They understood that they needed to fulfill these women's expectations in order to groom them, and make them emotionally dependent on them. They didn't kill their girlfriends out of love, but because they served a purpose.
Unlike TV movies or reality shows where the villain is known from the beginning, predators of both sexes make an effort to appear ordinary. They pick those who they want to seduce based on their innocence and emotional needs.
In the case of Bundy, one could romanticize his reason for not killing Kloepfer because he loved her, however most probably she served the purpose of making him appear "normal" to society, and if he killed her, he would be a prime suspect. There would be a good chance the murders he had committed so far would be discovered.
Paul John Knowles
In 1974, Paul John Knowles, who became known as the Casanova Killer was being hunted by the FBI.
His youth was spent in foster homes, and at some point he was sent to the Dozier School for Boys. By the time he was 19 he was serving time in Florida's Raiford Prison. He struck up a long distance, correspondence relationship with Angela Covic a divorcee who lived in San Francisco. They became engaged after one meeting at the prison, and she paid for his attorney. Once released he went to be with her, but she was so disturbed after this meeting that she broke off the relationship. He claimed that he murdered three people that same night.
Chances are that by then she knew that he was in prison for burglary, and not drug transactions as he first told her. Whatever her reasons, she was thoroughly spooked when their were no bars to separate them.
Knowles returned to Jacksonville, and he was arrested after stabbing a bartender in a fight. He escaped on July 26, 1974, by picking the lock of his jail cell.
He went on a multi-state killing spree that lasted four months.
His first victim was Alice Curtis, 65, whose home he broke into the night he escaped. He ransacked the home and stole her car. She died after choking to death from the gag Knowles had put in her mouth.
In his taped confession he said he had killed a girl named "Alma". It wasn't until 2011, that this claim was proven to be accurate. The Georgia Bureau of Investigation matched Alma to Ima Jean Sanders, 13, who disappeared on August 1, 1974, from Warner Robins, Georgia. She skeleton was found in April 1976.
Then he said he was responsible for the disappearance of Annette Anderson, 11, and Mylette Anderson, 7, who were taken from their Jacksonville home on August 1, 1974. The investigators believed this was a false confession. The girls' bodies have never been found, and their kidnapping coincided with the disappearance of a total of five young girls during a 3-month period. The only bodies recovered were those of Virginia Helm and Rebecca Greene, both 12. No arrests have been made in connection to any of the cases.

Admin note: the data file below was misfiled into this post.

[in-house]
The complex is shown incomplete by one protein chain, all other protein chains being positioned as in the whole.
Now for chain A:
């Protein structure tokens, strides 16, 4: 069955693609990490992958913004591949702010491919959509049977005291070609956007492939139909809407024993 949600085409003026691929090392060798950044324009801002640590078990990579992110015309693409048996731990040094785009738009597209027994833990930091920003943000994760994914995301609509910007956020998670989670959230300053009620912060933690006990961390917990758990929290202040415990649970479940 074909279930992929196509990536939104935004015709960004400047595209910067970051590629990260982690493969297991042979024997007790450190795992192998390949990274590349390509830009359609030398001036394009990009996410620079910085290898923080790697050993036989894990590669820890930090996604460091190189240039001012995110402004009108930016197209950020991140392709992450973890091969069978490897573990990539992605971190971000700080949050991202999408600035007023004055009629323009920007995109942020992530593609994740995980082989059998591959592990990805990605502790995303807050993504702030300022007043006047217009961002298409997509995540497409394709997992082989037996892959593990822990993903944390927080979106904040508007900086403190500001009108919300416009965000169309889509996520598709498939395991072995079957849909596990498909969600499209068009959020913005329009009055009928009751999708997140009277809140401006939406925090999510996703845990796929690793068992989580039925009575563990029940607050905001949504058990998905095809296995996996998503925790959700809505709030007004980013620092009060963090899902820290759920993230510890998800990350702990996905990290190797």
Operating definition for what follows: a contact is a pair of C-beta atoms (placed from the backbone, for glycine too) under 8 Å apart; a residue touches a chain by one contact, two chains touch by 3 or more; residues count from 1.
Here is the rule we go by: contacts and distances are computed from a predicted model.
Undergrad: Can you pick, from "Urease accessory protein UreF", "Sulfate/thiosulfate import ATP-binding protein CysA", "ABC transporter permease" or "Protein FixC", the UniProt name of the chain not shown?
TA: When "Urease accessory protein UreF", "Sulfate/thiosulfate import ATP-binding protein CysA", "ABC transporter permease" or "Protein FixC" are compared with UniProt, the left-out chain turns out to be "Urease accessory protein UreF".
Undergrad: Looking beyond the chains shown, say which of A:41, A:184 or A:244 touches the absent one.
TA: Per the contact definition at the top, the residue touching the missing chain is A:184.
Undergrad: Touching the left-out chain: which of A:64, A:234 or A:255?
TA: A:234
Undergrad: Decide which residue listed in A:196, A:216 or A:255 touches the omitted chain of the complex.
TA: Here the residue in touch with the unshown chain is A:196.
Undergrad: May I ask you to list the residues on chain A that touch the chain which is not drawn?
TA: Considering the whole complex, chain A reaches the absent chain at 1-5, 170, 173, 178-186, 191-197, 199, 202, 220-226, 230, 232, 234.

On August 2, he met Marjorie Howie, 49, in Atlantic Beach. She was found strangled, and her TV was stolen. Three weeks later he broke into the home of Kathie Sue Pierce in Musella, Georgia. He strangled her but left her 3-year old son unharmed.
On September 3, 1974, William Bates, 32, was seen at the Scott's Inn, a pub near Lima, Ohio in the company of a redheaded man. Mrs. Bates reported him missing. Near the tavern Alice Curtis' stolen vehicle was recovered, but Bates' car was gone. His nude body was found a month later in the woods. He'd been strangled.
Knowles' next stop was Ely, Nevada. On September 18, 1974, he shot Emmett and Lois Johnson, two elderly campers at a rest stop.
Four days later, Knowles had already made it to Texas. On September, 22, Charlynn Hicks was found dead near a rest stop outside Seguin. This was three days after her family had reported her missing. She'd been raped and strangled.
A day later he had rolled into Birmingham, Alabama and met Ann Dawson, 49, a beautician. They traveled together for about a week, and she was footing the bills. He said he killed her on September 29, 1974, and threw her into the Mississippi River. She has never been found.
Two weeks later, Karen Wine and her daughter Dawn, 16, were tied up, raped and strangled. Knowles had broken into their Marlborough, Connecticut home. The only thing missing from the home was a tape recorder.
On October, 18, Doris Hosey, 53, was shot with her husband's gun which was left by her body. This happened in Virginia